Bear in mind that these were extreme conditions that demanded instantaneous downshifts. In less challenging situations I had much different issues with the RX-8's shift quality. At first I had trouble getting the car to shift smoothly. My father gave me a helpful tip: shift it really fast. Don't lollygag through neutral. This way the revs can't fall off too far. Not the ideal solution, as sometimes you just want to relax. And the shifts are rarely ultra-smooth no matter what. This is perhaps the most tiresome aspect of the car around town.
Back to that turn. Moving through the apex, I eased deeper into the throttle. In response, the RX-8 just seemed to grasp the road all the tighter. There was very little lean, and the balance felt just a touch tail-heavy--which is to say perfect. The tires are not wide, just a 225 cross-section, but they provide plenty of grip. It helps that, at about 3000 pounds, the RX-8 is hundreds of pounds lighter than most competitors.
It's no news that rotaries lack low-end torque. But with 4,000 RPM for sweepers, 5,000 RPM for level or descending hairpins, and 6,000 RPM for the tight uphill monsters, the Renesis engine pulled plenty fine for me. I generally only found the time to glance at the speedometer once out of the turn, and was often surprised to find the car moving much faster than I thought it was. Many times I was surprised by the tone, which informed me that I was hitting the mid-sixties in a turn rated at 25 or 30. Even with the pedal about halfway down I'd accelerated twenty MPH in the course of a few seconds. My #1 recommendation to Mazda: please make a Corvette-like head-up display (HUD) available on the car.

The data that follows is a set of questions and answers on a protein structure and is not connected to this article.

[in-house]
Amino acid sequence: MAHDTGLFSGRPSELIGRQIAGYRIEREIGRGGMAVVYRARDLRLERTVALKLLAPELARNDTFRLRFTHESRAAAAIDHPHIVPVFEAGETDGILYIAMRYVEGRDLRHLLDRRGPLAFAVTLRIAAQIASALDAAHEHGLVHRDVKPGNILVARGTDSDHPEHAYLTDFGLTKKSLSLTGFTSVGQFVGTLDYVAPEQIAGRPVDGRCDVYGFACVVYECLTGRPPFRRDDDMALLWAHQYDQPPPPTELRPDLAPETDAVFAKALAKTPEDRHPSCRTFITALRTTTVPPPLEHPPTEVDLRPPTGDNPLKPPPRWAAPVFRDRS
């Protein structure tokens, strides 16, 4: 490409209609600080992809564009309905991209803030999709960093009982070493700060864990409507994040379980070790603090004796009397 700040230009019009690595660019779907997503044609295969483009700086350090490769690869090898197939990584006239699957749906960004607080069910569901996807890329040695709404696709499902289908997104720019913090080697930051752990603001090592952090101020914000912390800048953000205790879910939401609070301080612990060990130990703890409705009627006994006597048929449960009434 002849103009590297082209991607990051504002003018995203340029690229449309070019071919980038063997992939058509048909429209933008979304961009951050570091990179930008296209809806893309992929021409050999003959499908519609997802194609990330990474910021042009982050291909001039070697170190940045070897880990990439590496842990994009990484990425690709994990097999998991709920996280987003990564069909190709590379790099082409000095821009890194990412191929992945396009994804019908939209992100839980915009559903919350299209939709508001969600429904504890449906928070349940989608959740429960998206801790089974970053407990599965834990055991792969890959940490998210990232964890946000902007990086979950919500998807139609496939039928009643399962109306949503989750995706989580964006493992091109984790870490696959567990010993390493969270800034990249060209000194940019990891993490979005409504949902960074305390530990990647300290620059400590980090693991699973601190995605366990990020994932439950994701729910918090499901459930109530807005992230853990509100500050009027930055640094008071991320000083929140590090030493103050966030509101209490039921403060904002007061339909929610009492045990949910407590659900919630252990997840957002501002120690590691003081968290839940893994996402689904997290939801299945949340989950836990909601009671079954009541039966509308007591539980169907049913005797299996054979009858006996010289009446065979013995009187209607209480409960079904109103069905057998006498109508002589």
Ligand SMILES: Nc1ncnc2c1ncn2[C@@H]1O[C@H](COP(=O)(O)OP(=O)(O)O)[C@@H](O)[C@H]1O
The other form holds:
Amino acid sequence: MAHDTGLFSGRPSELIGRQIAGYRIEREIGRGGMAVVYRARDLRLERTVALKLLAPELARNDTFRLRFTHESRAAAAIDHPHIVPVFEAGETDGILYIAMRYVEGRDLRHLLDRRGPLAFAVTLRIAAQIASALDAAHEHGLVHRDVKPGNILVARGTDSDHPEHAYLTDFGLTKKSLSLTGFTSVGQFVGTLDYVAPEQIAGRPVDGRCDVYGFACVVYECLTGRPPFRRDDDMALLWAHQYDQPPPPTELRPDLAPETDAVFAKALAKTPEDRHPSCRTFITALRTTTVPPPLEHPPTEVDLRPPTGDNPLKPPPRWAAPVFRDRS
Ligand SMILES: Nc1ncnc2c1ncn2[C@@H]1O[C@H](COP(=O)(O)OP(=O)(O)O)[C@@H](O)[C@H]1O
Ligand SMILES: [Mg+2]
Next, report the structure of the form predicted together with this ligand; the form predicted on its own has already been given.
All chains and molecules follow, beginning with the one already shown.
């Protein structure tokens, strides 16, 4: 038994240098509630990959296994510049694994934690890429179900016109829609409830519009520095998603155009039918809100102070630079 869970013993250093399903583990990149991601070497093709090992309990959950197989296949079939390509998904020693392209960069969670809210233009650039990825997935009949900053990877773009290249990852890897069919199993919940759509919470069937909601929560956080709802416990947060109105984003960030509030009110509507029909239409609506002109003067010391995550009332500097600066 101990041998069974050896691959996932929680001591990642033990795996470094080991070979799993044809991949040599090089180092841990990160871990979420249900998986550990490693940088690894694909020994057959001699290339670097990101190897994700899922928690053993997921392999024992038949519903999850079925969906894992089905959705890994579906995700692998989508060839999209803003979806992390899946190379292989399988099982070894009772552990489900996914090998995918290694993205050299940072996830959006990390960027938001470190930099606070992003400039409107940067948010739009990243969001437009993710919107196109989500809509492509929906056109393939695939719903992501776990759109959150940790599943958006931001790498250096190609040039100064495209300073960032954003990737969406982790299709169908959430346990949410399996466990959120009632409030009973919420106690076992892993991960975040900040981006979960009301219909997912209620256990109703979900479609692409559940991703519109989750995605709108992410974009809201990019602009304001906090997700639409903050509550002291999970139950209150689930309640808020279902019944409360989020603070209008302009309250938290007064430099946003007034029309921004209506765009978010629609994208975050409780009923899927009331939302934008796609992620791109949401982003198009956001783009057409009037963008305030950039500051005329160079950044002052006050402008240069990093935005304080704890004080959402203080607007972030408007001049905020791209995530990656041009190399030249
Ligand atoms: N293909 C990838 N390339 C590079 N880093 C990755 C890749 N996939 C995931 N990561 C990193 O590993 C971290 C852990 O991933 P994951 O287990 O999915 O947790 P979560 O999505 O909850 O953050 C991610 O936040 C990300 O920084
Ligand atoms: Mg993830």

On roads like these more power would be of very limited use. Sure, you need higher engine speeds with the rotary, but it revs so quickly and smoothly, and it sings such a thrilling song high up, that lofty RPM are pure joy. A benefit of the rotary's torque-free nature: while it's easy (and fun) to kick the rear end out with a heavy foot at low speeds, at higher speeds this just isn't a risk.
Some of these turns were bumpy. The RX-8's suspension took the edges off beautifully. The car just sailed through. It did less well when pointed straight ahead on some highways. When large cracks or heavy patchwork on such cracks extended clear across the lane, the Mazda sometimes annoyingly dipped with each one, dip, dip, dip, dip, dip... The 350Z and S2000 perform even worse in this regard, but that doesn't make it any less annoying.
When cruising, noise levels are low for a sports car. Tires might make a difference. The RX-8s tested by the magazines had Bridgestone Potenza RE040s. My father's car has Dunlop SP Sport 8090s, which proved very quiet and smooth-riding for a high performance tire.
I found myself doubting that any car would have handled these roads better. A Lotus Elise could no doubt be faster, but would leave the driver bruised and deafened within ten miles, much less a thousand. Ditto for the Honda S2000, which tosses a propensity for sudden oversteer into the mix. (It needs stability control badly.) A Corvette feels far larger (even though it isn't), and isn't nearly as easy to see out of. An Infiniti G35 simply feels heavier, and isn't as involving. A Porsche Boxster comes closer, but it feels less alive than the Mazda, and doesn't inspire nearly as much confidence, at least not with me. Closest of all is probably the latest BMW 3-Series. BMW's tend to feel better the harder they are pushed, and the new 3 is no exception. Its ride is superior to the Mazda's, but its responses aren't as immediate, it leans more in turns, and there is simply no substitute for the lower driving position of a sports car.